Is there a younger brand that stands out now?
I include a whiskey from Amrut, in India; not long from now, I imagine I’ll be considering whiskey from its countrymate, the Paul John distillery. I think a distillery like Mackmyra, from Sweden, makes amazing spirits, and could also show up in a second edition. And there are any number of American craft distilleries that are making their mark with collector-worthy bottles, like St. George Spirits and Westland.
You talk a lot about the importance of the “story” behind the whiskies — is there one that particularly stands out to you?
I included the centennial edition of Elmer T. Lee largely for the story behind it. Lee was the longtime manager and master distiller at Buffalo Trace, back when it was known as the Stagg Distillery. He is considered one of the greatest whiskey makers in American history; in the 1980s he invented single-barrel bourbon, which jump-started the bourbon renaissance in America. More importantly, he and a few others like him, like Booker Noe of Jim Beam, held the bourbon industry together during its lowest years, in the 1980s. Without them, their distilleries, and the traditions of American whiskey making, might have collapsed. There is a regular-release expression named for Lee, and in 2019, on what would have been his 100th birthday, Buffalo Trace rolled out a centennial edition in his honor. Is it as good as, say, 1926 Macallan Fine and Rare? Probably not, but that’s not my point. To me, that bottle tells an important story. That’s why it’s in the book.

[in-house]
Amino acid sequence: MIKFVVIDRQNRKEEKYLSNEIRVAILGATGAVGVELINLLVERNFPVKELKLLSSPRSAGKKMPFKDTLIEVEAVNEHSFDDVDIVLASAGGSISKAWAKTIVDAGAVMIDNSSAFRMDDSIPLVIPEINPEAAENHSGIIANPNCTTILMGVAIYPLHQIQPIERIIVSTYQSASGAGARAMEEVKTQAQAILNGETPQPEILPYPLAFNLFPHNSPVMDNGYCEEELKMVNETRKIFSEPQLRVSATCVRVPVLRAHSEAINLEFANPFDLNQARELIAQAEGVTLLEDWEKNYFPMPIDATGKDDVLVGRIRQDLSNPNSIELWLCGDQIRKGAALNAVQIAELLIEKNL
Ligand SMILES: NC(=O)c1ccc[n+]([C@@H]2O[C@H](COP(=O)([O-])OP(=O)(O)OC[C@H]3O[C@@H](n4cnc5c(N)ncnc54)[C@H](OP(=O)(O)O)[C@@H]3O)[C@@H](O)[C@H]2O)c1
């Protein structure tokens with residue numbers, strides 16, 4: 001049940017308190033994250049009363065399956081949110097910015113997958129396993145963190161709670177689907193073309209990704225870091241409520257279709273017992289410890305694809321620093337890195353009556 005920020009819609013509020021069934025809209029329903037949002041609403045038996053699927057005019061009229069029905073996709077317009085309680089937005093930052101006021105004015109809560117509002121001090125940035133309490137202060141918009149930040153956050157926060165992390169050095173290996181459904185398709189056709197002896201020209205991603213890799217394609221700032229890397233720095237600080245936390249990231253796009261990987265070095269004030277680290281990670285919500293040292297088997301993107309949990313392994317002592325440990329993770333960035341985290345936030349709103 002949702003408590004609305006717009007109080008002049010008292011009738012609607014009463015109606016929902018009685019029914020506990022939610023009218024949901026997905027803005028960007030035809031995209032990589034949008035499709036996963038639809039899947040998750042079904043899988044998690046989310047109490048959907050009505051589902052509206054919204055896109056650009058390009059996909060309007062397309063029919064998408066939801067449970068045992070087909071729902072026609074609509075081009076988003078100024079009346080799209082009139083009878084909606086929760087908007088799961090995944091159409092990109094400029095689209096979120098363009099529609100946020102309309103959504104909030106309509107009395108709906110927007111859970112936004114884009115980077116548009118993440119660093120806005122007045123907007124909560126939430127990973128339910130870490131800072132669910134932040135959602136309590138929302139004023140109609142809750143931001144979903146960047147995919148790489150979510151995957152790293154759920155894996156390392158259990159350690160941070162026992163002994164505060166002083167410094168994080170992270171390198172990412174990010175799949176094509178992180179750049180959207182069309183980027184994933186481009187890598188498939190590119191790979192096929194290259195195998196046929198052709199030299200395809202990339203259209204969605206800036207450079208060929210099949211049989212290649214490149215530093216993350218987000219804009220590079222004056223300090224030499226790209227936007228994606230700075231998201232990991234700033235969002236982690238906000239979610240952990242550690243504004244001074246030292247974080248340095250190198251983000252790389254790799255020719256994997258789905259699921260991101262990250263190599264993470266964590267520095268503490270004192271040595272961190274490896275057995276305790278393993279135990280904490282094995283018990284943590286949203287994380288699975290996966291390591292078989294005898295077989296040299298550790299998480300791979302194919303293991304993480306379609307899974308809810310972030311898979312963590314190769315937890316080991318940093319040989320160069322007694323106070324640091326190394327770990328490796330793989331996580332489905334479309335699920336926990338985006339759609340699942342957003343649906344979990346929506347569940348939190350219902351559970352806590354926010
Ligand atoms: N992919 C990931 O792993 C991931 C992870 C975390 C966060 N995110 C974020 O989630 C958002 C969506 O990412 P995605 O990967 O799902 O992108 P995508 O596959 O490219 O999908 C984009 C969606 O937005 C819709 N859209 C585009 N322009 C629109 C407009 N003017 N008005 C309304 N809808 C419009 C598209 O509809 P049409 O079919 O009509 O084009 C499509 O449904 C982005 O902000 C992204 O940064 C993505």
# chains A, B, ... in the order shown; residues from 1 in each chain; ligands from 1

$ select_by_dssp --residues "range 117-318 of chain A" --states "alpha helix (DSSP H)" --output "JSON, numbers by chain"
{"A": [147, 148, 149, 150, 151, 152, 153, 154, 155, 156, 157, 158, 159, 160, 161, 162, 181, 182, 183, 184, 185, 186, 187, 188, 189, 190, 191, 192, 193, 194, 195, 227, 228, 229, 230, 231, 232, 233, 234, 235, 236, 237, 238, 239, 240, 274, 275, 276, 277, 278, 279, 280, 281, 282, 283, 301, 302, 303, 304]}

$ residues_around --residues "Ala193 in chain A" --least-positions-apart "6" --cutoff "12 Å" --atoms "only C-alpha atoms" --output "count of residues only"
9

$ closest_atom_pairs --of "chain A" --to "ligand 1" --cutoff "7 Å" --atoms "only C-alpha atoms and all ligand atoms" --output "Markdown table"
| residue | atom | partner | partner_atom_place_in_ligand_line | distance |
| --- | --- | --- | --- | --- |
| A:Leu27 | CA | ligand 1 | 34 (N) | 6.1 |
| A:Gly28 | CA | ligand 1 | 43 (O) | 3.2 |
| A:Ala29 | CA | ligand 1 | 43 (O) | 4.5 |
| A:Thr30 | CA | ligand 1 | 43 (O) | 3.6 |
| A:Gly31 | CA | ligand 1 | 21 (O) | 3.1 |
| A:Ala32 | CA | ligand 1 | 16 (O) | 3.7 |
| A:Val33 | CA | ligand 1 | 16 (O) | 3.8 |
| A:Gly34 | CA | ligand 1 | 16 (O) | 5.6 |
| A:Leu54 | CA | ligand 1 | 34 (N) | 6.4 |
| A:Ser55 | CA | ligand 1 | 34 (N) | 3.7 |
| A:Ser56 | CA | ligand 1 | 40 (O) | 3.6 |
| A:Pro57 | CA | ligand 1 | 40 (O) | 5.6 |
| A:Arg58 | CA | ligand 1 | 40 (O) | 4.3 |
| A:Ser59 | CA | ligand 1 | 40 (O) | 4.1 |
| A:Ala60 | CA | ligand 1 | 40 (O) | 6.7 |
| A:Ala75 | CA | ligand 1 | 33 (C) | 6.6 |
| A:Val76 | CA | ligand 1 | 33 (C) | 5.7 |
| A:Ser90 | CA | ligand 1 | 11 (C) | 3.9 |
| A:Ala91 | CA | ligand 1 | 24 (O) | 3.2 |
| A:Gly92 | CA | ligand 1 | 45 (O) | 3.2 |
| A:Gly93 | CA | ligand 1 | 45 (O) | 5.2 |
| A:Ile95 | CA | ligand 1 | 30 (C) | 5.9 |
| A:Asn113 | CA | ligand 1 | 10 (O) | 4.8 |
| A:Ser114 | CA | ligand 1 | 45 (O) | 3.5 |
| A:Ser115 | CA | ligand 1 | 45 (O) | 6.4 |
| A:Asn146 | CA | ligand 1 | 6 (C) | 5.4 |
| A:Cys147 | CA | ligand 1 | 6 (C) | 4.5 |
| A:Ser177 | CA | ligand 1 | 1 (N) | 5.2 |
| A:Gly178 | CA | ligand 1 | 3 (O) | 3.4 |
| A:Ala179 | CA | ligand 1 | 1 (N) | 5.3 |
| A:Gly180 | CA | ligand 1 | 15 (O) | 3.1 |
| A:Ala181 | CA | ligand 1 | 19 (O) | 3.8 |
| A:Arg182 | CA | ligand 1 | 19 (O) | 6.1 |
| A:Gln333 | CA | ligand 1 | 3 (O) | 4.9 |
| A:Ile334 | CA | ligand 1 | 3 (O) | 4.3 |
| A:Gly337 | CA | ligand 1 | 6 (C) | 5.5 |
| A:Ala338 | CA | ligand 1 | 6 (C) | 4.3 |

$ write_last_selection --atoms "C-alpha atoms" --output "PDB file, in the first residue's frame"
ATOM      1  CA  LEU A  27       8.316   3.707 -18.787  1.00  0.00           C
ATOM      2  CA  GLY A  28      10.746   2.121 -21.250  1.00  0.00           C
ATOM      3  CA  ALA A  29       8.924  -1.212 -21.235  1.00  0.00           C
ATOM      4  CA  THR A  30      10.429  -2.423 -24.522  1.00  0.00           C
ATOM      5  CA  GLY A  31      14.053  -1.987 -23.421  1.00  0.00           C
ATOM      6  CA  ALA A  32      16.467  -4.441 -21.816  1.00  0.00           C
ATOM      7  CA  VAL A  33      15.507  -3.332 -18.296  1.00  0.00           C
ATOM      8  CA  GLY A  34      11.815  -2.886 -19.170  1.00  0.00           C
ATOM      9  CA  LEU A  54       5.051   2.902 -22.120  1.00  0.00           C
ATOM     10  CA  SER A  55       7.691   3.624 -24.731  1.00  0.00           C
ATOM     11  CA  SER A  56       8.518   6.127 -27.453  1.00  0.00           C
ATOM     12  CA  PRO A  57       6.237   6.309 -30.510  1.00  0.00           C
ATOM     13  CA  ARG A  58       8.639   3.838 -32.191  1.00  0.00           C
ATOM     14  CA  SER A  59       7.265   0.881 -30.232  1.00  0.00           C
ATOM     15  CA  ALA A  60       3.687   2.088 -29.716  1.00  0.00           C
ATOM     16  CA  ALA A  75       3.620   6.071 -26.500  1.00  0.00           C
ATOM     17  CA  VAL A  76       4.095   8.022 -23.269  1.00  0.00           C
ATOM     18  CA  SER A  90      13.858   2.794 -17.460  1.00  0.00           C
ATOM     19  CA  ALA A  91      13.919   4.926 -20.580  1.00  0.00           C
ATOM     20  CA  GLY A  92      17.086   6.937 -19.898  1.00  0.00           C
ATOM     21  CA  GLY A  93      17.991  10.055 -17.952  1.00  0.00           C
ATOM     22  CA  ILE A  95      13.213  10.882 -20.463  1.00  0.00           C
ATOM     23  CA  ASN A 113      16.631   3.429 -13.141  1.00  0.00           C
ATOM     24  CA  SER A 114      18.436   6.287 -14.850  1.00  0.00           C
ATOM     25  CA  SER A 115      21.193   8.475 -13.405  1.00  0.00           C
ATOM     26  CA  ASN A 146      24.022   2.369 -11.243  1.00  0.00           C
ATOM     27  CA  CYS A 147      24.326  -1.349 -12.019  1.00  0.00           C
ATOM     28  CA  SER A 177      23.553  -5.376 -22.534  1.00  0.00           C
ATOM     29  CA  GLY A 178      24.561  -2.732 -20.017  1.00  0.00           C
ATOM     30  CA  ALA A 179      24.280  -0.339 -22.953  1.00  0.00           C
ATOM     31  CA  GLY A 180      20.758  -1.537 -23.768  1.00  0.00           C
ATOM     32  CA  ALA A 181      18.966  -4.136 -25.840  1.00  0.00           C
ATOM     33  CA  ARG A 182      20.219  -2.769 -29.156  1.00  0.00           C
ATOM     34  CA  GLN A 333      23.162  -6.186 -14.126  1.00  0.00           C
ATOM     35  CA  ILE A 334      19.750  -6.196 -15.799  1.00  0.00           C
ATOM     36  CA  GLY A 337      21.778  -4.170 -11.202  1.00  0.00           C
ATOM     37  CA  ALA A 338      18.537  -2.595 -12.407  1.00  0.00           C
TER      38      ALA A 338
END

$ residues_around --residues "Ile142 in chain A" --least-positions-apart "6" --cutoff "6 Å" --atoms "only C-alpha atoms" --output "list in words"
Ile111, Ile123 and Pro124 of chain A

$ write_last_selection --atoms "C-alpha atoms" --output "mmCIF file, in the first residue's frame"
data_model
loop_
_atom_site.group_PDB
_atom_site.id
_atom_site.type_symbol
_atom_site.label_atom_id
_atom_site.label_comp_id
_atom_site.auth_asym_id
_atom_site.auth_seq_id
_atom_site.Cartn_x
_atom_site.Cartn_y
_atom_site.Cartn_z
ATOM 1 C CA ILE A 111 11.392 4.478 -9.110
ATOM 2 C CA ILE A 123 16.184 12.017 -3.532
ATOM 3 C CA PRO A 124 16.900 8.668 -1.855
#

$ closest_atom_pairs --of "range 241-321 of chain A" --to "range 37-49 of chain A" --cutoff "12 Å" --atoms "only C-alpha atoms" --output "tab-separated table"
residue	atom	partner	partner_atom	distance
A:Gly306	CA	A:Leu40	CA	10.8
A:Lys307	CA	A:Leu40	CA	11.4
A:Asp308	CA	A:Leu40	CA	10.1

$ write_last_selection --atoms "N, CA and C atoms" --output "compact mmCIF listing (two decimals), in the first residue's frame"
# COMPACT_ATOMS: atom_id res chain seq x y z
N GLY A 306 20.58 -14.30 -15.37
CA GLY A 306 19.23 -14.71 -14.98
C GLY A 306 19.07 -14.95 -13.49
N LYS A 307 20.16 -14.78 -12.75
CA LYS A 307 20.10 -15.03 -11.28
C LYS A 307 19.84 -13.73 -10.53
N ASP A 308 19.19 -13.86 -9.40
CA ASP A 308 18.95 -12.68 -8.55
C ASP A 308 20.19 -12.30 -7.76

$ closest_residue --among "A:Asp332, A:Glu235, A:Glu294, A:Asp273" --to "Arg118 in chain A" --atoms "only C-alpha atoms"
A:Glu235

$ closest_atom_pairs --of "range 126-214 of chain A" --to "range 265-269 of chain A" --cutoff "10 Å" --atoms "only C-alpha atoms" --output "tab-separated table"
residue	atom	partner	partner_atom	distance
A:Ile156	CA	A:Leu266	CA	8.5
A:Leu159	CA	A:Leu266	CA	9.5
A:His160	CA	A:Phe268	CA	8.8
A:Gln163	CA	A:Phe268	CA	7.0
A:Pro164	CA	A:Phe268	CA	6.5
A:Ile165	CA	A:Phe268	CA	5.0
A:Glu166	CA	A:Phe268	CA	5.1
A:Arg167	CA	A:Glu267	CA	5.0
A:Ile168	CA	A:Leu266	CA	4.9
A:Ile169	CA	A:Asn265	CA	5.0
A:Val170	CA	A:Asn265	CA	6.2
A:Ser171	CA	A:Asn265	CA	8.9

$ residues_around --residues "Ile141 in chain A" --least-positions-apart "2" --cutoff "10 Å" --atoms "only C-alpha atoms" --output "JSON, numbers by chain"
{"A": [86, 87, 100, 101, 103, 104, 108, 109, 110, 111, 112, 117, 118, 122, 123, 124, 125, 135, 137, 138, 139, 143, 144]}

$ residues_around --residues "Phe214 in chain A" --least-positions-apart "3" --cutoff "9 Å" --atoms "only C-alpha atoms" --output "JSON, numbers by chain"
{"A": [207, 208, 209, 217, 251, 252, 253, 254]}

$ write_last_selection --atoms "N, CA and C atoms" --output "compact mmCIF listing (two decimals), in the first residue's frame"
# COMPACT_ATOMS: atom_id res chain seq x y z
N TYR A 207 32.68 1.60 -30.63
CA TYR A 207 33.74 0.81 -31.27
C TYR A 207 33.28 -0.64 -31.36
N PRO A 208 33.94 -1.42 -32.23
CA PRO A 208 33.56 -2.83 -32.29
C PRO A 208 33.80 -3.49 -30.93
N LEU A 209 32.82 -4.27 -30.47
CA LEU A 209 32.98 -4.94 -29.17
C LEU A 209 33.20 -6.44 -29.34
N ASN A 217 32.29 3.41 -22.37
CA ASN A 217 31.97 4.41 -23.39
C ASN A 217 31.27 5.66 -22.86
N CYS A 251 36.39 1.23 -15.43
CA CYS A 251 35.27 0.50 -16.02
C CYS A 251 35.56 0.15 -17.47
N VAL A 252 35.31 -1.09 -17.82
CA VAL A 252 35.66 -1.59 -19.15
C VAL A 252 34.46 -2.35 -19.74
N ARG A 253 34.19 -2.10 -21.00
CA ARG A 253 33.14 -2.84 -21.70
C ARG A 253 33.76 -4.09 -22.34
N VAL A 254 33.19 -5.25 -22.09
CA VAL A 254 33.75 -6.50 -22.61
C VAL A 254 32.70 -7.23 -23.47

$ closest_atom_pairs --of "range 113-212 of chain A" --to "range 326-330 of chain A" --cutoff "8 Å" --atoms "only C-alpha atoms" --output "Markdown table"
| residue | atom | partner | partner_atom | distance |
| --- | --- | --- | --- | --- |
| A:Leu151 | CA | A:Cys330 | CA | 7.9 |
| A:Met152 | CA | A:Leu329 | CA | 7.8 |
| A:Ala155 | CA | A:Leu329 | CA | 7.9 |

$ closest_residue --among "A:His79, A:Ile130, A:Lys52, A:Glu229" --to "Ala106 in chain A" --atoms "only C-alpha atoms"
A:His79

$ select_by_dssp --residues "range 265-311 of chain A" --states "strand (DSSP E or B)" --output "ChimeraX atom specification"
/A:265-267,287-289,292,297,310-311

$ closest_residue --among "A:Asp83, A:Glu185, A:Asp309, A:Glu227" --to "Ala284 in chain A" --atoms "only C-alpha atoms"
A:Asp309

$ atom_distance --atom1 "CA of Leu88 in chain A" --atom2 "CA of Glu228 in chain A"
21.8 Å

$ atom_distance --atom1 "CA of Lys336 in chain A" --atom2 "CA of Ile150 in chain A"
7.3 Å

This article was featured in the InsideHook newsletter. Sign up now.
Suggested for you